The Kittery, Maine and Portsmouth, NH coast has much to offer in terms of tourism. There are so many quaint restaurants, museums and historical sites. For a celebratory after party, this is the ideal location! You could have lunch in any number of downtown Portsmouth eateries and then commemorate your accomplishments by heading to any number of Portsmouth’s breweries! Afterwards, you can site see, as you will be standing in one of the most historic landmarks in American history. And there is always shopping at the Kittery Outlets!
The start is located in Glocester, Rhode Island, about 45 minutes from Providence, and an hour from Boston. It is also approximately 1.5 hours from both Manchester, NH and Hartford, CT. Manchester is probably the best bet for round trip air since it is 1.5 from the start and one hour from the finish. Boston Logan International would be a good alternative. For those driving, both the start and finish are reasonably close to Interstate 95.
There are plenty of hotel options near the start line in Rhode Island and Connecticut, as well as rental options for your team’s van. Please visit the Team logistics page for more travel information: http://www.newenglandrelay.com/team-logistics.php?ID=11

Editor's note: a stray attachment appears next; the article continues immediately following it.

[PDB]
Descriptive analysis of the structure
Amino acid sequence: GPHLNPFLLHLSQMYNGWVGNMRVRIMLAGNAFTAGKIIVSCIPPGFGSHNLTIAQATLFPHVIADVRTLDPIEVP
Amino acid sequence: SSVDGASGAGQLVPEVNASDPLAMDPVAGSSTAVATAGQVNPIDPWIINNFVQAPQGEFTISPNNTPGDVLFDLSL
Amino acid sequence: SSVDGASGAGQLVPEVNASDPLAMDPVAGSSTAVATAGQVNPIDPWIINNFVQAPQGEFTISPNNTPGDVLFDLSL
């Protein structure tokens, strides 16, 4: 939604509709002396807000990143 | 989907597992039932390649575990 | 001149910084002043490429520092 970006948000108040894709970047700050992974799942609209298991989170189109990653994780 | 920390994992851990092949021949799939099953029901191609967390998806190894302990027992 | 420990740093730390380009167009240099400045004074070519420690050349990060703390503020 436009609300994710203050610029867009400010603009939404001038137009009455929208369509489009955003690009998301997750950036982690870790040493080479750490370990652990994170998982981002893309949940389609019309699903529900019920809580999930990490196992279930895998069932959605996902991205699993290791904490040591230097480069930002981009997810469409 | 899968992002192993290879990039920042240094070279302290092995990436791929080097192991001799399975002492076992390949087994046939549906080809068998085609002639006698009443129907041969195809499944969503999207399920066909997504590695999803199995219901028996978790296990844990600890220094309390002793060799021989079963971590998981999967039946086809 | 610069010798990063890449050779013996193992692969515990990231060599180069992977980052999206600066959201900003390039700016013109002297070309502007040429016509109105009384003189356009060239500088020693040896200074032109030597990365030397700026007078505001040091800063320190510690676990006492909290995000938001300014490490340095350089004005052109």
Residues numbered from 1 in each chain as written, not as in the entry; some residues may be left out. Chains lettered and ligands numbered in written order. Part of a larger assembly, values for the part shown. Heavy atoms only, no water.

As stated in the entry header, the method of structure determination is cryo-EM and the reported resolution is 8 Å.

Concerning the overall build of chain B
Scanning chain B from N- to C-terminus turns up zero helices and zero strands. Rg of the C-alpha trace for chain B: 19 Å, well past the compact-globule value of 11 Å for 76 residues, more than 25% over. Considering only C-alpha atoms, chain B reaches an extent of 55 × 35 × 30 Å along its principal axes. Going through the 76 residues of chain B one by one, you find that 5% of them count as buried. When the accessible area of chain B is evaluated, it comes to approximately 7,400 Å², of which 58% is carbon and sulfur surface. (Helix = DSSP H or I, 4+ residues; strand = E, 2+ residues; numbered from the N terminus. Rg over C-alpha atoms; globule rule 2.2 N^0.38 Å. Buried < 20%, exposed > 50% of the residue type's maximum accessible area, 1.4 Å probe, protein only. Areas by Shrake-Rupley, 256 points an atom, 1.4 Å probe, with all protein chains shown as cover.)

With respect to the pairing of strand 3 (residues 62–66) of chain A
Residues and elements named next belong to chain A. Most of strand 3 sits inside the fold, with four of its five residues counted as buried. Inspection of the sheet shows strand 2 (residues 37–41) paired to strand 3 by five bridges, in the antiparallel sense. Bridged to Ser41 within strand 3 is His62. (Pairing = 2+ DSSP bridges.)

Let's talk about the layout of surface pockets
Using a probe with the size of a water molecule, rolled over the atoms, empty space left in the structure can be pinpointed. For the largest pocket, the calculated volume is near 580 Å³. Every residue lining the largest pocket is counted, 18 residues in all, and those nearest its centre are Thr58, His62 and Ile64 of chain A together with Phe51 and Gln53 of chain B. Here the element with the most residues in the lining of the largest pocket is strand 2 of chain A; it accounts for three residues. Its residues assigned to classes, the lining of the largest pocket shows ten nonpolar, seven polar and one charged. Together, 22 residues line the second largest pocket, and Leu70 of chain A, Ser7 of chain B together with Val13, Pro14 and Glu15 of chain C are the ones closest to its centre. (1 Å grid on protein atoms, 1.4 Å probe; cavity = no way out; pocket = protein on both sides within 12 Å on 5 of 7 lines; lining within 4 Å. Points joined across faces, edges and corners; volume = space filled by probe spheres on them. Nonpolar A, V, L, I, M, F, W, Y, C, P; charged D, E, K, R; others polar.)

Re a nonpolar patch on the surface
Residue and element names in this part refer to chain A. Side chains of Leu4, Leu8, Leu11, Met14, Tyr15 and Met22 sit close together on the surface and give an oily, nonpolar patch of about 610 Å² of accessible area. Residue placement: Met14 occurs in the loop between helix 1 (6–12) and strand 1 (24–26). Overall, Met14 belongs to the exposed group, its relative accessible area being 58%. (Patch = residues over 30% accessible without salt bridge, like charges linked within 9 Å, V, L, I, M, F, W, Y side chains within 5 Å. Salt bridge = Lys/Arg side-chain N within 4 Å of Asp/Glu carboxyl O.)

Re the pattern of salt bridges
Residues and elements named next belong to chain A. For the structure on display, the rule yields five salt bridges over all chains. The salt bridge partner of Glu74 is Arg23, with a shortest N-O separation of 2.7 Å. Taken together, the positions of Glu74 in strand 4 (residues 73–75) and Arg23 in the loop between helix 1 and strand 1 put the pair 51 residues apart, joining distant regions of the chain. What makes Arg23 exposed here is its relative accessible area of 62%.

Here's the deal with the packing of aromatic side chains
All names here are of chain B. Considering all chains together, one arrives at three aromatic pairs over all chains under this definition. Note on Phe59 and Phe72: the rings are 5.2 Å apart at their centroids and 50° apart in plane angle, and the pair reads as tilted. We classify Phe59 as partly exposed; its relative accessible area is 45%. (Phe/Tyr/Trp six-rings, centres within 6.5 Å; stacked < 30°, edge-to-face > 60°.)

Your course will detail everything awe-inspiring about New England. The race handbook has terrific descriptions of each leg, with the length of each, cumulative distance, turns, handoffs, elevation profile, and maps - very impressive and easy to follow.
There are several transition areas that will accommodate tents and sleeping bags, although some may wish to sleep in the vans. Overnight accommodations, if desired, are available at the half-way point in Brattleboro, VT and Keene, NH, or there are many options near Manchester, NH - an hour west of the finish by car. If you plan well you could drive ahead and sleep there and wait for your team to come through.
Part of competitive fun of this endeavor is the planning logistics of transfer points, handoffs, and most important, building your relay team. This can be a fun and an awesome way to meet and get to know other runners. If you already have 11 friends in mind, this is a great way to build on your friendship’s memories. Relay running is a very inspirational way to run because you are part of a team.
On race day(s), teams will likely enjoy very comfortable running weather, a spectacular sunset, and phenomenal sunrise. The average high temperature central to the course is 77 on June 22nd, with an average low of 53, and a mean of 65. The sun will set at 8:24 p.m. and rise at 5:08 a.m.
The 220-mile New England Relay is modeled after other overnight long distance relays, except it is longer than most others. The course is divided into 36 legs with designated exchange zones at the end of each leg. There are two main categories for teams to choose from: regular 12-person teams (7 to 12 persons) or ultra teams consisting of 6-runners who run either a 6x1 or 6x6 configuration. Most teams will be simply running friends looking for a different and exciting adventure. Corporate and Club teams are also encouraged to participate.